“When words become unclear, I shall focus with photographs. When images become inadequate, I shall be content with silence.”

Ansel Adams

Lost Film


My worst nightmare just came true. Eight rolls of exposed film have gone missing. They are lost in the mail, possibly forever. This is the challenge of shooting film: once it leaves your hands, it’s out of your control. You just have to trust that it will all work out. And while most of the time it does, there will be the occasional screw-up.

Three weeks ago, I packaged and mailed 11 rolls of film to The Darkroom just as I always do. I tracked its delivery online and the day it was due to arrive, USPS stopped updating the tracking number. This is odd, I thought, but I still had faith. Then I get an email from The Darkroom asking me if I was planning to send them the remaining 8 rolls from my order separately. What do you mean? I asked. There should have been 11 rolls. Apparently, only 3 rolls made it. The other 8 had somehow never arrived. It seems that my package must have been damaged in transit (or, God forbid, someone stole my film!) and only part of my shipment made it through. Ironically enough, the 3 rolls that made it were all slide film.

Then, just when I thought things couldn’t get any worse, I discover that my second shipment of film has gone astray! I sent another 11 rolls of film to The Darkroom a week after the first package and tracking this shipment on USPS has revealed a problem. For some reason, USPS has forwarded my second package to God knows where and have claimed that I had made an error in the address. Not bloody likely! I used the shipping label printed directly from The Darkroom’s website. There was no error on my part. So now I have no idea if the second package will make it to The Darkroom or if I’ve lost another 11 rolls. Sigh. Once is bad luck, twice is incompetence!

Out of sheer frustration, I called Canada Post and filed two complaints—one an insurance claim for the lost film and the other an investigation into the whereabouts of my second package. I’m still waiting for an answer. I have lost all faith in Canada Post (and USPS) and don’t expect any kind of resolution on their behalf. Even if they pay out on the insurance claim, my photos are lost forever.

However, there is one silver lining in all this. Throughout this entire ordeal, The Darkroom has been amazing! They have answered all my questions and even offered to speak with USPS on my behalf. They have a great relationship with their local post office and will let me know if the missing 8 rolls ever turn up (it’s happened before where loose rolls have made their way back to The Darkroom after getting lost). And they will speak with the postmaster to look into the whereabouts of my second package. Hopefully, it will be found and rerouted to The Darkroom.

So what have I learned from all this?

First, package your film so that it is as strong and damage-proof as you can make it. This will also deter anyone from tampering with your package. And make sure that both the destination and return addresses are big and bold so that there is no confusion.

Second, I will no longer trust Canada Post and USPS to deliver my film safely. I will send my packaged film through FedEx from now on. They may or may not be any better, but I can’t risk another issue with the mail.

Third, The Darkroom rocks! Their customer service is second to none. They have exceeded all my expectations in helping me to resolve a problem that did not originate with them. I can’t say this enough: They do a quality job from start to finish and have never disappointed me. I will always send my film to them.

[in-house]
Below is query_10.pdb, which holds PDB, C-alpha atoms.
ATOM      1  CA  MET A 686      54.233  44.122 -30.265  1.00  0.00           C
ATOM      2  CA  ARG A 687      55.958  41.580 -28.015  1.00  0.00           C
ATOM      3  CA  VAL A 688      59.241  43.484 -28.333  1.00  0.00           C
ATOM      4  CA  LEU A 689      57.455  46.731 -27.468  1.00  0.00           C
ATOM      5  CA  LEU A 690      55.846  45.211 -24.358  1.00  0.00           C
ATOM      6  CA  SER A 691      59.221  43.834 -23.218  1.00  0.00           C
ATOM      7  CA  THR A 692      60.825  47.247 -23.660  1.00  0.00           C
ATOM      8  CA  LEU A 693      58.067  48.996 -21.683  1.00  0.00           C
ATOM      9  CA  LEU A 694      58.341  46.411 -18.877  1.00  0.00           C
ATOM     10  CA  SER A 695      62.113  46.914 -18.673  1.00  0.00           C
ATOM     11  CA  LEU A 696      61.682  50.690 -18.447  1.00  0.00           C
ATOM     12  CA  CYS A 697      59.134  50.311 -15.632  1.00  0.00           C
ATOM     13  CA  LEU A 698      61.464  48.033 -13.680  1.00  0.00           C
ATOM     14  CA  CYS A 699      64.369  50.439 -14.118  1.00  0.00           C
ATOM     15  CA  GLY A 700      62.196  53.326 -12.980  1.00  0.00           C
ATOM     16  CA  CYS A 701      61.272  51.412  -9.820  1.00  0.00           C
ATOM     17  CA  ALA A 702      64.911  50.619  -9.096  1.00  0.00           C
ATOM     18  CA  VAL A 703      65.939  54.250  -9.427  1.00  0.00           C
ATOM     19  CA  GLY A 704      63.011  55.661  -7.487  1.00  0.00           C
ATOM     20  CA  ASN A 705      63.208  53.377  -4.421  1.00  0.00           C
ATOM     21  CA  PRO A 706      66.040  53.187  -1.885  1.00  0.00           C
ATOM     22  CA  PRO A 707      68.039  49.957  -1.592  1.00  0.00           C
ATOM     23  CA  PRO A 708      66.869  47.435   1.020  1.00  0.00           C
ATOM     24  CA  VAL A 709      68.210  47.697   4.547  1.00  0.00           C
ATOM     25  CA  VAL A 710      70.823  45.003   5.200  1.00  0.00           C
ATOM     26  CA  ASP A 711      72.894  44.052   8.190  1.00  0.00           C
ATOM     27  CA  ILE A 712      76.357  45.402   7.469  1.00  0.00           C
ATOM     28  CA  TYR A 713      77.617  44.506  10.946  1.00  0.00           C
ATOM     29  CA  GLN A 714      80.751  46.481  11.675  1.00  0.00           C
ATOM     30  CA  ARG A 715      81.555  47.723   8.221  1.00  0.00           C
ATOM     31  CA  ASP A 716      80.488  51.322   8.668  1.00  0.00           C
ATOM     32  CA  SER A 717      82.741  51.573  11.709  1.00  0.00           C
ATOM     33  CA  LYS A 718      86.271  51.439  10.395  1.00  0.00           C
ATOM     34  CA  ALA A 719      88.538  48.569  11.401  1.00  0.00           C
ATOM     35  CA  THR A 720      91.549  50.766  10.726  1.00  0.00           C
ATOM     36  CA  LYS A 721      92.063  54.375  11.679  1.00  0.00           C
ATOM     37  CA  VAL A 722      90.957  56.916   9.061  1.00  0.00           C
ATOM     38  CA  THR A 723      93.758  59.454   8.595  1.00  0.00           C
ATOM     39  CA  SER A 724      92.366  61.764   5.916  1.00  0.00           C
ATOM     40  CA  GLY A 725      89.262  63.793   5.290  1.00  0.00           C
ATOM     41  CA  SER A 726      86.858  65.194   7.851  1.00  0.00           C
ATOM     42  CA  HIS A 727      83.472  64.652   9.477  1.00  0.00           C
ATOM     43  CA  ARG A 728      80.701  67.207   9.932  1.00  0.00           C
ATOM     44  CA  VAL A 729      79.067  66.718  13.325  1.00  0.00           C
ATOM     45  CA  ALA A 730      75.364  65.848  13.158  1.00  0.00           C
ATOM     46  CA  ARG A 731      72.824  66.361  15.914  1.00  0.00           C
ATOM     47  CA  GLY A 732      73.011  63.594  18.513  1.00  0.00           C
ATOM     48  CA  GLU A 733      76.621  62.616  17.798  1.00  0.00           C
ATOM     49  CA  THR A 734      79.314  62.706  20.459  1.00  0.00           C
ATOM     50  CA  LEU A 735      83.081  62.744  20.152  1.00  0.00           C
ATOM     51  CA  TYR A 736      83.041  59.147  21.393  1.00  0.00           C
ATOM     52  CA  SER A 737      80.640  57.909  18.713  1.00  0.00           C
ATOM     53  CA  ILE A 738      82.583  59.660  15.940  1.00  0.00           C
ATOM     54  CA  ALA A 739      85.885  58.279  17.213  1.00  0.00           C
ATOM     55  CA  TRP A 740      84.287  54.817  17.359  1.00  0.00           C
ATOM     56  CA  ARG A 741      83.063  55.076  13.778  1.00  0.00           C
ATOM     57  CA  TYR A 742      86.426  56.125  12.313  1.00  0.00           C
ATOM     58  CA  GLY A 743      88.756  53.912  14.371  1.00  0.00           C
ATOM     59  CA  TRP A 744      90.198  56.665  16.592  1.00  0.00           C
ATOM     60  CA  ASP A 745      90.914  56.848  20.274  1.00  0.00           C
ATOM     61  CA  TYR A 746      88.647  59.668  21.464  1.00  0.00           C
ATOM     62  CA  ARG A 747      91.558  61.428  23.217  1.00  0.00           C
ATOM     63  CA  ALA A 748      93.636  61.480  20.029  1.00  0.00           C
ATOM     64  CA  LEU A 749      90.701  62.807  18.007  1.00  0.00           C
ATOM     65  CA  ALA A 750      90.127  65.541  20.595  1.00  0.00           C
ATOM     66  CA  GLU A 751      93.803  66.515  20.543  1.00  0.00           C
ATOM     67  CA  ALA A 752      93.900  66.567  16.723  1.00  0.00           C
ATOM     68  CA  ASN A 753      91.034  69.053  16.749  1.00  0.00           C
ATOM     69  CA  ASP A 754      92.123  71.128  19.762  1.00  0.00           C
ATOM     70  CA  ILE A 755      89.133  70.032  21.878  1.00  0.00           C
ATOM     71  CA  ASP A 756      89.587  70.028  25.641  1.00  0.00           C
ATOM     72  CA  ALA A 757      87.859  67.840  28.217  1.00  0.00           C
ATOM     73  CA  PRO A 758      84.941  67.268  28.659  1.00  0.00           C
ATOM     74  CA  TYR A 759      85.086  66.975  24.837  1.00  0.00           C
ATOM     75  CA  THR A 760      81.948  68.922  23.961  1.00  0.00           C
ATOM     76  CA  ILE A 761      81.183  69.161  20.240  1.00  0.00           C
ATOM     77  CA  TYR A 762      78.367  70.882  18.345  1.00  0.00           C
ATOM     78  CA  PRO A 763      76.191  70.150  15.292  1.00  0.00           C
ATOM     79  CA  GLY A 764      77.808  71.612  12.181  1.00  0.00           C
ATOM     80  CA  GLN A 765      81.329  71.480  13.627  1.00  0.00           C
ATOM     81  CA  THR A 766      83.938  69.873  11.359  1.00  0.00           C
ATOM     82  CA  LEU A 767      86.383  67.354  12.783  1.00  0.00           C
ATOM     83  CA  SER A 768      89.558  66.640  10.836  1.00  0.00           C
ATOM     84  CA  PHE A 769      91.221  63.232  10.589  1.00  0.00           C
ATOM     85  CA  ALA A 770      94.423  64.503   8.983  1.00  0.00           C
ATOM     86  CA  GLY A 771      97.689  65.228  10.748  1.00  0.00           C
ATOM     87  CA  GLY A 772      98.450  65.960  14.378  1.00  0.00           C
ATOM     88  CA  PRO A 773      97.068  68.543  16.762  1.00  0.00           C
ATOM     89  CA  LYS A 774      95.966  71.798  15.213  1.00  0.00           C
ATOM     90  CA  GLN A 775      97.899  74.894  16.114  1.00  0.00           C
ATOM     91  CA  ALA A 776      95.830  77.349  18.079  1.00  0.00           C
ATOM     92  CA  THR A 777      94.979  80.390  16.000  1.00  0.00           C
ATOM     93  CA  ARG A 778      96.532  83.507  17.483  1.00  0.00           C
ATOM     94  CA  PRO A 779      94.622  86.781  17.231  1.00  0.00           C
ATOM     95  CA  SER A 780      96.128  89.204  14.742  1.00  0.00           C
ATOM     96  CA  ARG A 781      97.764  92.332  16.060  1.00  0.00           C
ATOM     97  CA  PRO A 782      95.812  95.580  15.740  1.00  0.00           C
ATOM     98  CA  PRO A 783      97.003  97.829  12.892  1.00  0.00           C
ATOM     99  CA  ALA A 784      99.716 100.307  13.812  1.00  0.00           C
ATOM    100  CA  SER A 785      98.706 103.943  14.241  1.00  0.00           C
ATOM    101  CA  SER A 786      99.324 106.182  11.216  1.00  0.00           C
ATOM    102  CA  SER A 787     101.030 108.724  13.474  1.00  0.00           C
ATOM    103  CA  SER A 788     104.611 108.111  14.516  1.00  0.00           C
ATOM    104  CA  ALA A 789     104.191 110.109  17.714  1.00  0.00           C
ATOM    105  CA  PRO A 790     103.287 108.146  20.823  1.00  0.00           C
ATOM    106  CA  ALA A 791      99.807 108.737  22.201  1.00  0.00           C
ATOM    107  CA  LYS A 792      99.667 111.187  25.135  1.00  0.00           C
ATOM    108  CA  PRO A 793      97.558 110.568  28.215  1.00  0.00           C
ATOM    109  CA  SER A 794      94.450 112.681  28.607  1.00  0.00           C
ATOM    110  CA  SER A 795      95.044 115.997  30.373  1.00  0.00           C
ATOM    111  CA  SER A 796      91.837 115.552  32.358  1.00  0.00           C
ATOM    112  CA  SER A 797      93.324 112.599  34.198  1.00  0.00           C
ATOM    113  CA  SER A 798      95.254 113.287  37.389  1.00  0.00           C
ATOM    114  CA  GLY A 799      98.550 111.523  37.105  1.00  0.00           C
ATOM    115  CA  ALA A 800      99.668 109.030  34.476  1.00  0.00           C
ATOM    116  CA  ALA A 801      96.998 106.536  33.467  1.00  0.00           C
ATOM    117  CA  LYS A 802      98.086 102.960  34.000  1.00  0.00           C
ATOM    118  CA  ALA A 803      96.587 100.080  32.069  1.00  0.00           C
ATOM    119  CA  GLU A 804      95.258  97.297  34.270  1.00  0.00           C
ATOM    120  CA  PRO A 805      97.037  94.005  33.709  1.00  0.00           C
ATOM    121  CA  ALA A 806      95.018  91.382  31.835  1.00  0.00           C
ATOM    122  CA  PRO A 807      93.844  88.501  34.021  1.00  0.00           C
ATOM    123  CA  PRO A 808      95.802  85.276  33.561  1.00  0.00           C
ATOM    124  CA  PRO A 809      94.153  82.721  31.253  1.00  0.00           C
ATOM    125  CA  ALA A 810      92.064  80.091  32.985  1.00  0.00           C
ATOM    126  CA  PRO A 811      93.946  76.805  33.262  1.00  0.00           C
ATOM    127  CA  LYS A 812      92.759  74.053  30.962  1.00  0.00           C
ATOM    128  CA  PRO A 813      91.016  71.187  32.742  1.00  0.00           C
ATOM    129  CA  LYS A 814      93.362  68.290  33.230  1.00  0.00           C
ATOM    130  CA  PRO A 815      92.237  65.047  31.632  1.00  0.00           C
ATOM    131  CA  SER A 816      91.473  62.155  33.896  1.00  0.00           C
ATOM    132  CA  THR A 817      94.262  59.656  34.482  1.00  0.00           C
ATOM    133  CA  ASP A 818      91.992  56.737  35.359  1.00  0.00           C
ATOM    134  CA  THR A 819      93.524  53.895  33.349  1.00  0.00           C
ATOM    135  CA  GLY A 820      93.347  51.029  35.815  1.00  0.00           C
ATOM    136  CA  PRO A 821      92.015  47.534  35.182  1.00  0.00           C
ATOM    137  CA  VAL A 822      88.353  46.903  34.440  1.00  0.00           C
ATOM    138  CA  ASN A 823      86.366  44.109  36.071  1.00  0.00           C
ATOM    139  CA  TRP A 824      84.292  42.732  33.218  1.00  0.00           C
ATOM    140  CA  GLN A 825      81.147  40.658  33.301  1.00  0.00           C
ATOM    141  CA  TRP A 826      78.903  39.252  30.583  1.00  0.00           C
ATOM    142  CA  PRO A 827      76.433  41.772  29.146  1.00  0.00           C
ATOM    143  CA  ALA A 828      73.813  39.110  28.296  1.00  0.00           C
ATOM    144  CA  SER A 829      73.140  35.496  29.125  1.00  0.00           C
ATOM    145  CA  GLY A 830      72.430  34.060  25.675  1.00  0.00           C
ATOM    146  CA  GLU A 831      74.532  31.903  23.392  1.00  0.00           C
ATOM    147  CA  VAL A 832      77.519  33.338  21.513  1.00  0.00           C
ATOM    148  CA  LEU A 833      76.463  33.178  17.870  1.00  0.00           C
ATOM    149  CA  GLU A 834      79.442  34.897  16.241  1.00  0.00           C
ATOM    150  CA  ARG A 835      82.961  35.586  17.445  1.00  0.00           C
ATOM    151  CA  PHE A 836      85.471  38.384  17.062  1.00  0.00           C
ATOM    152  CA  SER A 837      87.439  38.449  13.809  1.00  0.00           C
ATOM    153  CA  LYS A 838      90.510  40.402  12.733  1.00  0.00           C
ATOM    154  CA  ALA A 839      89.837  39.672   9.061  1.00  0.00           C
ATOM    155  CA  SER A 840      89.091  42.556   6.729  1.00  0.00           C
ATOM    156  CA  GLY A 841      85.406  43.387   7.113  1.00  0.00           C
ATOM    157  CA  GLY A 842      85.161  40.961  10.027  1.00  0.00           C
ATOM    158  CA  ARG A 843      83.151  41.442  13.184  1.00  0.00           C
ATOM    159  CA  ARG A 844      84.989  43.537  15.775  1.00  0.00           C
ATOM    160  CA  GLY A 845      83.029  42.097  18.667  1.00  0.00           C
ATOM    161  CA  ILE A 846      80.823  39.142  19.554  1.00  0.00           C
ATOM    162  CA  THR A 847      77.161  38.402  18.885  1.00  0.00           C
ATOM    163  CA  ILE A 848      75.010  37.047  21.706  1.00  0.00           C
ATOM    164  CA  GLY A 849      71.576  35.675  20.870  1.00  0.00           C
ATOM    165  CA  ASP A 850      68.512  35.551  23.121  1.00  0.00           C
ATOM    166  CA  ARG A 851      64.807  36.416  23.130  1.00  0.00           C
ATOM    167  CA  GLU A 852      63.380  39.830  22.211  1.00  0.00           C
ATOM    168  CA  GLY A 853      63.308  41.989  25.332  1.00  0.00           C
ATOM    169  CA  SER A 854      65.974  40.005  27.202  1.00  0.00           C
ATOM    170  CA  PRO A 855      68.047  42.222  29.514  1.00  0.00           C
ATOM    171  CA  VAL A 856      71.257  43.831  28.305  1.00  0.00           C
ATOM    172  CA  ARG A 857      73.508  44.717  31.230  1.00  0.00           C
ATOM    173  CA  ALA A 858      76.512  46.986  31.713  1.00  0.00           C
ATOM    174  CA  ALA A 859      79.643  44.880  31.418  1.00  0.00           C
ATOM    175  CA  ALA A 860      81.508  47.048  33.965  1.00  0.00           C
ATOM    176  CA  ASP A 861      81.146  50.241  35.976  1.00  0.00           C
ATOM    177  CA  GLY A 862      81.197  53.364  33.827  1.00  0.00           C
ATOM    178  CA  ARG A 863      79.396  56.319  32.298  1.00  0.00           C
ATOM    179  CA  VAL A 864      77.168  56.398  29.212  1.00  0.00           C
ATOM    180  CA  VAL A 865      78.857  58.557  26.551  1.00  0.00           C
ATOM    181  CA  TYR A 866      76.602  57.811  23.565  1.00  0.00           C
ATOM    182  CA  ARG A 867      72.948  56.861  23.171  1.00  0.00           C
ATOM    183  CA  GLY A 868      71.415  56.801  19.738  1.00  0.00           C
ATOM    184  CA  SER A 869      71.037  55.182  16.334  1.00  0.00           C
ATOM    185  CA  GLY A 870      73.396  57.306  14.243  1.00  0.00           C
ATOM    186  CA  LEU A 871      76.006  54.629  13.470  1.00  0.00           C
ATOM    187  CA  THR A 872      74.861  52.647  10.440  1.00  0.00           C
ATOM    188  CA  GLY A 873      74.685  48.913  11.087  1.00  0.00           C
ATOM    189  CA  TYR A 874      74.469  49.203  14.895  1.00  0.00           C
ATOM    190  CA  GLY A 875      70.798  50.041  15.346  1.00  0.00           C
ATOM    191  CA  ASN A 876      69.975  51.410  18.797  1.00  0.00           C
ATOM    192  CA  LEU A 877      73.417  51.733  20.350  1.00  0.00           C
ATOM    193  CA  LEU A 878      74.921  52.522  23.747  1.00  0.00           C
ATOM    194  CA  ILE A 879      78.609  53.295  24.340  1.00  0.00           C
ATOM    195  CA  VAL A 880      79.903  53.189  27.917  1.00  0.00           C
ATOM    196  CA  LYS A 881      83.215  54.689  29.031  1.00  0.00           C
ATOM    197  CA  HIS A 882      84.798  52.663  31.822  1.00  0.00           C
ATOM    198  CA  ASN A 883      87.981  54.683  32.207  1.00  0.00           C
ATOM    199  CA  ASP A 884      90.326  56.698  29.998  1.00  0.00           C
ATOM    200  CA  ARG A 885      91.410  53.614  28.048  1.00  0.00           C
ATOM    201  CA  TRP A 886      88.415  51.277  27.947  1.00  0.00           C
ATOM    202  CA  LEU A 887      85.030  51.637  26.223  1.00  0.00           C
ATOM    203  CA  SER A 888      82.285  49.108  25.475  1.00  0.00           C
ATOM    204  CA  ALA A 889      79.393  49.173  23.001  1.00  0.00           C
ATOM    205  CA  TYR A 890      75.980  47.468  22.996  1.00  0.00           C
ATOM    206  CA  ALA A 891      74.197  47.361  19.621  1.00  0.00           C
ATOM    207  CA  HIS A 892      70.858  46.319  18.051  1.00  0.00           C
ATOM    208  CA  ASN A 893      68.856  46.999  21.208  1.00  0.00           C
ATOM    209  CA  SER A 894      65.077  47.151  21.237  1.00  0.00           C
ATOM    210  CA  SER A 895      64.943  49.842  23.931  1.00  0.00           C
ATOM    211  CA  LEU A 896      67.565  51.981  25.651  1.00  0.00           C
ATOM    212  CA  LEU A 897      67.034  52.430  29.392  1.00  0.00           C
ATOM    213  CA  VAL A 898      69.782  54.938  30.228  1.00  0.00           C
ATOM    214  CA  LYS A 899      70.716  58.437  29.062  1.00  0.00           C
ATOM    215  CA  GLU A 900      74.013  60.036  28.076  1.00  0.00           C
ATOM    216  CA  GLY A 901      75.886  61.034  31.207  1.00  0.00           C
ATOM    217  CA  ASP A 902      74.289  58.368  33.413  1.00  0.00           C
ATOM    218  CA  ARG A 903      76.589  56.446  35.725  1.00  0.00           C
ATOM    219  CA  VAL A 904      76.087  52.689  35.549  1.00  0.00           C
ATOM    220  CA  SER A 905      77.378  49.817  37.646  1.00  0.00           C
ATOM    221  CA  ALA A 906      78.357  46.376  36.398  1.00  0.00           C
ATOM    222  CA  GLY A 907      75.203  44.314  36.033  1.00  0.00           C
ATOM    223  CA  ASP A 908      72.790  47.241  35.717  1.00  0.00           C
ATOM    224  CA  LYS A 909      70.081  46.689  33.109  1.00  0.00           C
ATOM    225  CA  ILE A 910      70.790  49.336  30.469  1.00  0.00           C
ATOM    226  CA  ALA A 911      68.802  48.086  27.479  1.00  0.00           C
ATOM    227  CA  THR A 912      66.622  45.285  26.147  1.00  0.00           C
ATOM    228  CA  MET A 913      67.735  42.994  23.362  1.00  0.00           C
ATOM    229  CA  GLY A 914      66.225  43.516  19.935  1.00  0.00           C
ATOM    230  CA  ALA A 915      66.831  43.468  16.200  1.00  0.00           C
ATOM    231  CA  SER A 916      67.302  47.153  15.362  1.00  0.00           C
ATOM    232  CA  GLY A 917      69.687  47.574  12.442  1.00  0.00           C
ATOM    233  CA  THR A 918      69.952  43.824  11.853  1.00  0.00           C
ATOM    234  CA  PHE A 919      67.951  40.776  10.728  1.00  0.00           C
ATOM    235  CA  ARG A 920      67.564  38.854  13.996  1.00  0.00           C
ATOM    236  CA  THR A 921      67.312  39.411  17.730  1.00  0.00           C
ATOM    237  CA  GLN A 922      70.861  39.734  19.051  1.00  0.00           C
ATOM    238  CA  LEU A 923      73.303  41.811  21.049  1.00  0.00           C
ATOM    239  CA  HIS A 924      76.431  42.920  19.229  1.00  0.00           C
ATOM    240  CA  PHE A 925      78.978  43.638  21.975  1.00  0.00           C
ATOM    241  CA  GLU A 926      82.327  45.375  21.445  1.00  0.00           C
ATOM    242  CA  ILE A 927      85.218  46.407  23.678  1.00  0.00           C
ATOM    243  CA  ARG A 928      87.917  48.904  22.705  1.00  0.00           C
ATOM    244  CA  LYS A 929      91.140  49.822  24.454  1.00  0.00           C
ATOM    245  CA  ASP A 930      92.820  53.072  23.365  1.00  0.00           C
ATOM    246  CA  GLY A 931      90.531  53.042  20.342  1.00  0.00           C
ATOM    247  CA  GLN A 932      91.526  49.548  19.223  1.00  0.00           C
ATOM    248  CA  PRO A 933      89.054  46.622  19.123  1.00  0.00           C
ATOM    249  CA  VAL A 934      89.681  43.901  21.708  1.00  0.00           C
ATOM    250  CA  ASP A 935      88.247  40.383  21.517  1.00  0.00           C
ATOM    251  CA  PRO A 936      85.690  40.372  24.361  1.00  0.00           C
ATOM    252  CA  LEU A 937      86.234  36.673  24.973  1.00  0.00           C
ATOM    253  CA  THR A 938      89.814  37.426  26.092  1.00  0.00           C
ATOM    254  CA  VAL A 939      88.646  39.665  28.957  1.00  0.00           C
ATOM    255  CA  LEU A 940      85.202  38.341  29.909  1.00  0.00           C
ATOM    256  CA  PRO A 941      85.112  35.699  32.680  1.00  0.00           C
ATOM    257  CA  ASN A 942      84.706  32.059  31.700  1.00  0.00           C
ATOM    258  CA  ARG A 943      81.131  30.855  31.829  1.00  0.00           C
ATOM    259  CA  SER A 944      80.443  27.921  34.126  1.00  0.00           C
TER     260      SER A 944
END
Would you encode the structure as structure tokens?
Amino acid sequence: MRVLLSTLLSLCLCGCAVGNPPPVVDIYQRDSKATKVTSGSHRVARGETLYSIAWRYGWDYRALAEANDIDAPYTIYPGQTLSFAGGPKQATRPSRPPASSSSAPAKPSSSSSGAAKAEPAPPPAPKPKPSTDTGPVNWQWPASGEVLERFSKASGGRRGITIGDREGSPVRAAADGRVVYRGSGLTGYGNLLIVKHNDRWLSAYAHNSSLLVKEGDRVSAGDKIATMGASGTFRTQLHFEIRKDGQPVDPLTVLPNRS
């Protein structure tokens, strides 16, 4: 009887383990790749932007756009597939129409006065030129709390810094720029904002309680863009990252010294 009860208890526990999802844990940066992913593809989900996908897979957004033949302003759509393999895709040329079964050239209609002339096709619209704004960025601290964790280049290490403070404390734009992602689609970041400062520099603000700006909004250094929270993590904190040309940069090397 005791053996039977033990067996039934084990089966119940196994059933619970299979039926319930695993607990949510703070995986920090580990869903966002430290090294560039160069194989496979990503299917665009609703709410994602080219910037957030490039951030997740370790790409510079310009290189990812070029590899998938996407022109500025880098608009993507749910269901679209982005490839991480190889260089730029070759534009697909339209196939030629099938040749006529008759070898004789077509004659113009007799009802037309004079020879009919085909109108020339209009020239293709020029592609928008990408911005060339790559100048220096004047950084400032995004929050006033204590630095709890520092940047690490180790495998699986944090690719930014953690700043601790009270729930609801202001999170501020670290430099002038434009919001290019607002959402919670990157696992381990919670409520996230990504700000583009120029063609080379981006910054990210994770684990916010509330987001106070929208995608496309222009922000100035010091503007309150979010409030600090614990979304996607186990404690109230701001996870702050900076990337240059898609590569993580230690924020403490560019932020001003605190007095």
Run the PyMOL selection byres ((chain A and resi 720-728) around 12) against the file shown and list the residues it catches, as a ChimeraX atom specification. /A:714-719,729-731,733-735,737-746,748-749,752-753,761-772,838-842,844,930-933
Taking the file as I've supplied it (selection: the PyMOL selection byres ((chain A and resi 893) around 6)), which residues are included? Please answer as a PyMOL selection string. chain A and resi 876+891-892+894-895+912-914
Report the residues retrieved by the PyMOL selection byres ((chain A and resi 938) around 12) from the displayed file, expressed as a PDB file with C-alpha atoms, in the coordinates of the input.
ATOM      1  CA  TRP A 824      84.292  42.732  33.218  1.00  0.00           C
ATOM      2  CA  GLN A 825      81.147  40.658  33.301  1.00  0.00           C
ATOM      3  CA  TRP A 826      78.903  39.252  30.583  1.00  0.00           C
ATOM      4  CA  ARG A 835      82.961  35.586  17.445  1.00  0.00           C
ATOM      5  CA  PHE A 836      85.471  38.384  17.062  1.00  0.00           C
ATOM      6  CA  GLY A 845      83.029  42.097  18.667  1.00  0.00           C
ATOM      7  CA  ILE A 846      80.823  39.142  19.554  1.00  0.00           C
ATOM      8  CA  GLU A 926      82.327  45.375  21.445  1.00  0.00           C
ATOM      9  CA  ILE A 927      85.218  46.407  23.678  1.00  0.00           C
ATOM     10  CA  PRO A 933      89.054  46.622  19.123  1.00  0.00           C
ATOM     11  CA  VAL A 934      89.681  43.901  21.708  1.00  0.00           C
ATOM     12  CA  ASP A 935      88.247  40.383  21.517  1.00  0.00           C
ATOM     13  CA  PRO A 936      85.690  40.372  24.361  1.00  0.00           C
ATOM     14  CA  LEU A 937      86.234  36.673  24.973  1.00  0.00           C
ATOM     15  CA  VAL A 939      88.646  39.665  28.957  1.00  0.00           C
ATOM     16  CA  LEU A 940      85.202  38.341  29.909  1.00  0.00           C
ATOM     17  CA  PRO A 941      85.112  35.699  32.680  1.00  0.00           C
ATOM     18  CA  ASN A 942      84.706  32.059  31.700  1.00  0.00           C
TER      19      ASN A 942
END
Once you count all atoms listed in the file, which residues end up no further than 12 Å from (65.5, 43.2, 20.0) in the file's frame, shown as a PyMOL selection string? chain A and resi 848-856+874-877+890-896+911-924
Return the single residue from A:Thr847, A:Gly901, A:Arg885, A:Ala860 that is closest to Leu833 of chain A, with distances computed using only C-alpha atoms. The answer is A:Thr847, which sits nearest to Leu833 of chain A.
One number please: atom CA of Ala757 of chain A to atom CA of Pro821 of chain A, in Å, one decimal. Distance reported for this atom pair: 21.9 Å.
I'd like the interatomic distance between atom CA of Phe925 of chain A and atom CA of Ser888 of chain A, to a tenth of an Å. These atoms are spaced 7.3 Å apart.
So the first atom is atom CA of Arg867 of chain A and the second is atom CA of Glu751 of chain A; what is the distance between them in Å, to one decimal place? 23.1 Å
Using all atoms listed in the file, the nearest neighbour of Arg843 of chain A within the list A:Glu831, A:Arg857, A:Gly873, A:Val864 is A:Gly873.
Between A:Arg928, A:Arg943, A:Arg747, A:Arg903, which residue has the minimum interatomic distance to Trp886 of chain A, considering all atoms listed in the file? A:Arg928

The photo above is not the film I lost, although a roll of Fuji Sensia was among the missing. It’s just a photo of some expired film I purchased six months ago.

  1. Dustin Hern
    Dustin HernJun 26, 2016

    I use FedEx flat rate shipping for all my film and they’ve never let me down. I use their smallest box (not a bag/sleeve/padded envelope, whatever you want to call it). I can go to FedEx and stock up on supplies (I don’t send out film at a lighting pace, so I usually pick up 3-5 sets of boxes and label sleeves at a time and store them with copies of my lab’s order form), and I print a label when I place my shipping order. I’m pretty sure using the label given to you by FedEx is mandatory.

    • Dan
      DanJun 26, 2016

      Thanks Dustin. That’s reassuring. I’ve been using bubble mailers (that’s what the padded envelopes are called), but I think from now on I’ll use a small FedEx box as you’ve suggested. It’s nice to know that FedEx has been reliable for you. Thanks for the good advice!

  2. Adam J Bavier
    Adam J BavierJun 27, 2016

    I’m really sorry to hear about your troubles. What I do when shipping film is to put all the film in a ziplock back, then tape that shut, write the destination and return on the bag, then place all that in another sturdy box with bubble wrap around it and writing the destination and return a 2nd time. This accomplishes two things. 1. keeps the film dry if the box gets wet, 2. if the box is ripped open or crushed open all the film is securely together and labeled with the destination and return address.

    • Dan
      DanJun 27, 2016

      Hi Adam. That’s great advice, thanks. I honestly thought I was packaging my film properly and didn’t think the bubble mailer could be damaged that easily. It’s a hard lesson to learn, but I won’t make the same mistake twice!

  3. Amit Chakravarty
    Amit ChakravartyJun 29, 2016

    Really sorry to read this. For these reasons, I prefer to develop and print the negatives myself. Also, the joy of photography lies in this…

    Keep shooting film.

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